Qantas Airbus A380 makes emergency landing

#2
I flew back from Singapore last week on a Quantas A380 and it was fantastic. Thank Fu-k it didn't happen then as I would never get senior management on a plane again.
 
#3
Sadly this looks to be one of the Rolls Royce powered versions.
Mind you, each engine is packed with all sorts of black box data transmission that is recorded at RR in Rugby.
 
#4
This is nothing new - Qantas grounded all of their Boeing 747-400s shortly after they came into service because of safety concerns. This is just an unfortunate incident that will be investigated to death and a safer aircraft will come out of it. Suffice it to say that there is a reason why Qantas have never had a crash and I know that their Licenced Aircraft Engineers are top notch.
 
#5
This is nothing new - Qantas grounded all of their Boeing 747-400s shortly after they came into service because of safety concerns. This is just an unfortunate incident that will be investigated to death and a safer aircraft will come out of it. Suffice it to say that there is a reason why Qantas have never had a crash and I know that their Licenced Aircraft Engineers are top notch.
Sorry, mnairb, have to disagree there. Qantas have had no fatal crashes of jet powered aircraft.

'Qantas has never lost a jet plane to an accident. Although its safety record is impressive, having not had a fatal crash since the pre-jet 1950s, a recent bout of maintenance outsourcing was dogged by reports of sub-standard work. CASA's review of the Qantas maintenance system found that it had been falling short of Qantas' own benchmarks. At the time of that report, CASA was itself under scrutiny from an Australian Senate inquiry was specifically critical of CASA's response to the Qantas maintenance issues.'

Not too clever...
 
#6
Yes, Pongo6863, my mistake, glad you clarified it as 'jet powered aircraft' (I never learn about not believing what you read in the papers). I was involved in training Qantas technicians when we put a number of simulators into their building at Mascot in the '80s and there appeared to be issues between the LAMEs (aircraft engineers) and the government at that time.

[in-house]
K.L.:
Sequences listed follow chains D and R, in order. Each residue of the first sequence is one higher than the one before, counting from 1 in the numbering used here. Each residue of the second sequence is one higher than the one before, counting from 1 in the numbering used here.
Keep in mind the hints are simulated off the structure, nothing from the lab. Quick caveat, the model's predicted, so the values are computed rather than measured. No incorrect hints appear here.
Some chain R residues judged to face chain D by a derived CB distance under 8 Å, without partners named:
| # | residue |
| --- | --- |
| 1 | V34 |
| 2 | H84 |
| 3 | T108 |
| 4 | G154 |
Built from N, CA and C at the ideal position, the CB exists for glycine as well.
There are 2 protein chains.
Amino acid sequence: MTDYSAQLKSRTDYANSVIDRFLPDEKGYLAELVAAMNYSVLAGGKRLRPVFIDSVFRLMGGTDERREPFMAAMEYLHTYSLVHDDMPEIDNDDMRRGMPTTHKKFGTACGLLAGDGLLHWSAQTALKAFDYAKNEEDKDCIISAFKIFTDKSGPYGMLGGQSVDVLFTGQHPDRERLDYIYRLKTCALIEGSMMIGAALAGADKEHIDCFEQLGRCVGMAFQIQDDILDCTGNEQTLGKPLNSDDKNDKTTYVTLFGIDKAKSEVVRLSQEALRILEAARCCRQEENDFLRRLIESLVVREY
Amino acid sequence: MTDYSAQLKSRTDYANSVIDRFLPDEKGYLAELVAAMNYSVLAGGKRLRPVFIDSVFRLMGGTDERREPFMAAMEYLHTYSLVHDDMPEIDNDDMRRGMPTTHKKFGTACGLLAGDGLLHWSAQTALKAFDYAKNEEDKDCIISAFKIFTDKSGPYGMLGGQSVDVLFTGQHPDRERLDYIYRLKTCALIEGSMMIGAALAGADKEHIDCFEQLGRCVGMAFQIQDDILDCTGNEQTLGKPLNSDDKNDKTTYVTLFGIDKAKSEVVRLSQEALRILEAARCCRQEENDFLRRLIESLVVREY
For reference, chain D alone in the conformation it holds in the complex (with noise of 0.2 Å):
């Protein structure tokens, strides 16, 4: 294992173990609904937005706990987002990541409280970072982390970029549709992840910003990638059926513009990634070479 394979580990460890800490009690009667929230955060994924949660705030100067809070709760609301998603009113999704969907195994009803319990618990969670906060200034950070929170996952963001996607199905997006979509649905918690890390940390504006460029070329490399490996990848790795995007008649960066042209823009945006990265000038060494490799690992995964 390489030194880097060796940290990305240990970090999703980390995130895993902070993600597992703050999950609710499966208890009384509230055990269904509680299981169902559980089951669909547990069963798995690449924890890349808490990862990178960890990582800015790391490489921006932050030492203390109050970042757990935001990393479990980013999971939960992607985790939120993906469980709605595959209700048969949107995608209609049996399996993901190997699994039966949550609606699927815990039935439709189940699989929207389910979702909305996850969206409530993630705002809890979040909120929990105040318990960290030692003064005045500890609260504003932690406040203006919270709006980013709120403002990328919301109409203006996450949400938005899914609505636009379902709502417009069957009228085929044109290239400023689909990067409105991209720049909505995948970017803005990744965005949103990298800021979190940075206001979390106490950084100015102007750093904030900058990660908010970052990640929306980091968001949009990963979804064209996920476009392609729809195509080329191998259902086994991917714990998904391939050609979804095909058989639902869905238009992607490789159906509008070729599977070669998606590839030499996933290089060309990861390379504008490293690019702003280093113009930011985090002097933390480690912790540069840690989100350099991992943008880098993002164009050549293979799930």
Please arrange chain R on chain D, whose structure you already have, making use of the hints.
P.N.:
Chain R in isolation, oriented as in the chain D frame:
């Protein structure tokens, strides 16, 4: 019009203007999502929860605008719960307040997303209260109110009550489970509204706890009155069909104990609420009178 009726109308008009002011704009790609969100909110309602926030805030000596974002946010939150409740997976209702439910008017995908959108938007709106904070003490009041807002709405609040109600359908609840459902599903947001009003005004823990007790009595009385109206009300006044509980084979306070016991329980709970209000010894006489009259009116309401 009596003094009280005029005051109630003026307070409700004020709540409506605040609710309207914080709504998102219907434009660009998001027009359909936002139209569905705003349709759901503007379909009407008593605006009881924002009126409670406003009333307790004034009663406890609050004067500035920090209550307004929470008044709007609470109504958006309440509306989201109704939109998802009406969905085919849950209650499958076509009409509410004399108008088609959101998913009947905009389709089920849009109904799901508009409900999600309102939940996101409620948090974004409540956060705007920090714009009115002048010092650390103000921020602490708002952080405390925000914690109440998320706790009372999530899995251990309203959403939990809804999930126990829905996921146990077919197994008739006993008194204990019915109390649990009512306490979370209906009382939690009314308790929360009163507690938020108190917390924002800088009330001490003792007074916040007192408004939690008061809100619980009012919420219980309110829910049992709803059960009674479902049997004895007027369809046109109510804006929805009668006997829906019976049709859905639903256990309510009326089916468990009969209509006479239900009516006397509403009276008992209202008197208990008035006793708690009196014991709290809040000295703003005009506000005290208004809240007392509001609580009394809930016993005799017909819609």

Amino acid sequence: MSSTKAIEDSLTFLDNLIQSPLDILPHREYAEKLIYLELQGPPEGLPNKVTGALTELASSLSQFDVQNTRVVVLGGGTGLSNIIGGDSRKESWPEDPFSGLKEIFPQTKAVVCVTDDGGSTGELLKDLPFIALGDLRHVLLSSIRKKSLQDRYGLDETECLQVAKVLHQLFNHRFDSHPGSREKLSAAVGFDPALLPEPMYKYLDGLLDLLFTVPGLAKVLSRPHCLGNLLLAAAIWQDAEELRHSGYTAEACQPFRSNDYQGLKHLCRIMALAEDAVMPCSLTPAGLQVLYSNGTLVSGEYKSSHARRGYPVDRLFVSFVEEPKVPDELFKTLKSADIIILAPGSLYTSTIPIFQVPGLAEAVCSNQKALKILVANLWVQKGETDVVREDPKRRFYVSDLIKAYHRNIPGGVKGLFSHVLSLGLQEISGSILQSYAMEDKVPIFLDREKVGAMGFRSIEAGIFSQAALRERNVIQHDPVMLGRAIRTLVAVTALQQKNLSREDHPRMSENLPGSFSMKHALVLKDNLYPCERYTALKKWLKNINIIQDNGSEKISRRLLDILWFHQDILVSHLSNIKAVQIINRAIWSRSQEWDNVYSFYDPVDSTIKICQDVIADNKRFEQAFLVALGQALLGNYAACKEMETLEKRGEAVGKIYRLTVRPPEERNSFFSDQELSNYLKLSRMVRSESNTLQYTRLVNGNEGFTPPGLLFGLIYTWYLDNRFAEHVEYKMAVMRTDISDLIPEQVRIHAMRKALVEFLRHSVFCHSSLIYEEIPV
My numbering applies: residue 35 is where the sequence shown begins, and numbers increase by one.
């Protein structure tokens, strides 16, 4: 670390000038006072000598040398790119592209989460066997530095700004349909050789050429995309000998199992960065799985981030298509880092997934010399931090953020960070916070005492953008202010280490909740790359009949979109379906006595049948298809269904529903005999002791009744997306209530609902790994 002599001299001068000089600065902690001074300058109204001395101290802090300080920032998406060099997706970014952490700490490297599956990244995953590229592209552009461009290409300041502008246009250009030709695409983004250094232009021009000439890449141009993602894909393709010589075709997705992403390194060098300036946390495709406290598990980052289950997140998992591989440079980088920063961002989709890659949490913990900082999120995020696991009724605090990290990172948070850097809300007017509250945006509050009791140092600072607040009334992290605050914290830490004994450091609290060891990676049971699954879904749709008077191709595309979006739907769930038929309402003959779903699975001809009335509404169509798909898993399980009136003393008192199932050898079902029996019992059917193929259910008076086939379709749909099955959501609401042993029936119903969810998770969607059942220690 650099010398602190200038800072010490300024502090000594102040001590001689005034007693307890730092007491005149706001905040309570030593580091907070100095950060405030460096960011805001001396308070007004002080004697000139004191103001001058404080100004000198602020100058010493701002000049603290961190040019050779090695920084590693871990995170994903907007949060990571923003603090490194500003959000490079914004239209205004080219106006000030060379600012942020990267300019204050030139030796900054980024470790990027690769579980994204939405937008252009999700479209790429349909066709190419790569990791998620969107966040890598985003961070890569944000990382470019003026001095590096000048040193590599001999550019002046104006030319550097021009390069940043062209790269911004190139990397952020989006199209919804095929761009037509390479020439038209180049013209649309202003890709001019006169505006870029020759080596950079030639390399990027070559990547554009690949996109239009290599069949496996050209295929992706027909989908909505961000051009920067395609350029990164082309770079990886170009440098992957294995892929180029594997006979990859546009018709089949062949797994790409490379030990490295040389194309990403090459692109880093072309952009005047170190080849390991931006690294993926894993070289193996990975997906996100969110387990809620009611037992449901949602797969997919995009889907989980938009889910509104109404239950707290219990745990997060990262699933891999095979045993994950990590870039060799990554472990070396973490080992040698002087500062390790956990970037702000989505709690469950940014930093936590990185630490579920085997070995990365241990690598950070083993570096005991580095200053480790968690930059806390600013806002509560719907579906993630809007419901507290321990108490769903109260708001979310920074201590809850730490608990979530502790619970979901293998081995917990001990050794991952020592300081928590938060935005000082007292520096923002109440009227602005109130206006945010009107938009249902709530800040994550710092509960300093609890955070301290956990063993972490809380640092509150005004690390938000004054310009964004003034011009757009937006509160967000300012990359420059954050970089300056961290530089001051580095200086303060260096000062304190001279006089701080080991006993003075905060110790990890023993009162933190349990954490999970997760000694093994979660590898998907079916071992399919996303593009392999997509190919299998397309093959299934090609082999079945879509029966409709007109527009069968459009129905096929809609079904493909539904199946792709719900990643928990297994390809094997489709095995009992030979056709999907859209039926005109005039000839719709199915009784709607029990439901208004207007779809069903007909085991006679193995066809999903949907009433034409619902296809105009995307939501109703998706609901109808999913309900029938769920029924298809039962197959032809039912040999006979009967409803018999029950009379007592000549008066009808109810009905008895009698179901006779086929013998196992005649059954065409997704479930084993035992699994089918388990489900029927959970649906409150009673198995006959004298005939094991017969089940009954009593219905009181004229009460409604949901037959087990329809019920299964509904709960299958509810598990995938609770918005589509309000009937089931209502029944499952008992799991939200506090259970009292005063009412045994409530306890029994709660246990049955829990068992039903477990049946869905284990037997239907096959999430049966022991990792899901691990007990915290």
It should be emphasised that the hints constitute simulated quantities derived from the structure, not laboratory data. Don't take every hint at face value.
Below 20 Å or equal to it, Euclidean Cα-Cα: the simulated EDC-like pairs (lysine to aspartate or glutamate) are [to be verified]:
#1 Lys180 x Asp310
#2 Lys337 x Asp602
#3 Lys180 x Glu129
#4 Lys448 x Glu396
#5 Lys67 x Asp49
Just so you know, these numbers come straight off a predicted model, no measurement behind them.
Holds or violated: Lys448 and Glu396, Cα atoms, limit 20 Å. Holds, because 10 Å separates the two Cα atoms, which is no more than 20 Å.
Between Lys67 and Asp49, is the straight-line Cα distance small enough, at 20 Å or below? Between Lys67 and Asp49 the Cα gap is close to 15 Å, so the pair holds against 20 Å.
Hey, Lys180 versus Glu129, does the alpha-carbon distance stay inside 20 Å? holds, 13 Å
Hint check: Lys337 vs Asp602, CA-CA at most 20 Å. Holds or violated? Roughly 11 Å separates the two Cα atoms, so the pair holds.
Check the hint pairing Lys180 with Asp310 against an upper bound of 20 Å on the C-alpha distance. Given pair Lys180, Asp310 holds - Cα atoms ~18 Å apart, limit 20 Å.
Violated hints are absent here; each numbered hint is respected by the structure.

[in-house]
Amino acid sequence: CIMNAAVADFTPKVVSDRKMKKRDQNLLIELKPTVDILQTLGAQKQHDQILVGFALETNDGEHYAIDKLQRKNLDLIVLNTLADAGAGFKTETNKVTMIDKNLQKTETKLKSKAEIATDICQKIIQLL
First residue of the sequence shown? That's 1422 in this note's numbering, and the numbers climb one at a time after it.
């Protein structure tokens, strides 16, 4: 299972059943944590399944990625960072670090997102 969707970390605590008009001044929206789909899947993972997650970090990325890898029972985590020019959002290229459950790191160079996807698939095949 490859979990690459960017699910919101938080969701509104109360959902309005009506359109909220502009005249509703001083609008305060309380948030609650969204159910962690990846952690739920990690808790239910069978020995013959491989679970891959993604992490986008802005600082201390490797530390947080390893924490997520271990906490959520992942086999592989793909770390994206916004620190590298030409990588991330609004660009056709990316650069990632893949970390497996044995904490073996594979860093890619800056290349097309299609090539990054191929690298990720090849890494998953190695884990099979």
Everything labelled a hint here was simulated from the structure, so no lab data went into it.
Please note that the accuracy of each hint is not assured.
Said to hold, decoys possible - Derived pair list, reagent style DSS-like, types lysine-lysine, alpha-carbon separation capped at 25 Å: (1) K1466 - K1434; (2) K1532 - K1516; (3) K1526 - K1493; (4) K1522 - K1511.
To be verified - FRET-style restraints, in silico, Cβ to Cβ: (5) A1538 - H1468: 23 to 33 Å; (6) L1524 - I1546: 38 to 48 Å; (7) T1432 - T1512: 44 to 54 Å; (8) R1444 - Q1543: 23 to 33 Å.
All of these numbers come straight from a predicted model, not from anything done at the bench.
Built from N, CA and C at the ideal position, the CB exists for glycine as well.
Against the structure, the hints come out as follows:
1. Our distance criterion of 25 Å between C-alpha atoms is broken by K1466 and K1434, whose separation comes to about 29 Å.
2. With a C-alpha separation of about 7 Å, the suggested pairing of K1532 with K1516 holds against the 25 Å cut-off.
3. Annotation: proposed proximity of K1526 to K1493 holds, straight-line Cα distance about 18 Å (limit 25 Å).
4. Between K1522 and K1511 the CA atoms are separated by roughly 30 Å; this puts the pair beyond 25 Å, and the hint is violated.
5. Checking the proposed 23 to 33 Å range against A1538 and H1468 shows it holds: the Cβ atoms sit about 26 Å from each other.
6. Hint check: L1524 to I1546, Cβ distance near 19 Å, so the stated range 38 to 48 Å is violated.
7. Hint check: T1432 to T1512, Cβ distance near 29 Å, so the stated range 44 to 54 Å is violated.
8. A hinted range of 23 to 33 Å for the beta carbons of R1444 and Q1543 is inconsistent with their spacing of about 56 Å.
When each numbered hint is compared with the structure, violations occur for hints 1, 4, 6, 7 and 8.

Qantas like to push this 'never had a crash' marketing bullshit without saying it only applies to the jet age. A number of Qantas flying boats were shot down/destroyed by the Japanese (a painting depicting one of these incidents hangs in the Qantas headquarters), although they ran a long-distance service between Perth and Ceylon (Sri Lanka) from 1943, apparently without loss.

Considering that Qantas started out running prop jobs to remote parts of Oz (Queensland And Northern Territories Air Service) it is inconceivable that they didn't have any accidents using unreliable (poorly maintained?) aircraft into outback airstrips.
 
#7
Considering that Qantas started out running prop jobs to remote parts of Oz (Queensland And Northern Territories Air Service) it is inconceivable that they didn't have any accidents using unreliable (poorly maintained?) aircraft into outback airstrips.
It's still an enviable record.

When Qantas started their operations I think the ground state of aircraft was unreliability! My only brushes with aviation manufacture was working for Jetstream Aircraft (they built and maintained the Jetstream between the collapse of Handley Paige and the buyout by Scottish Aviation) working on the head-up display for Kestral.
 
#8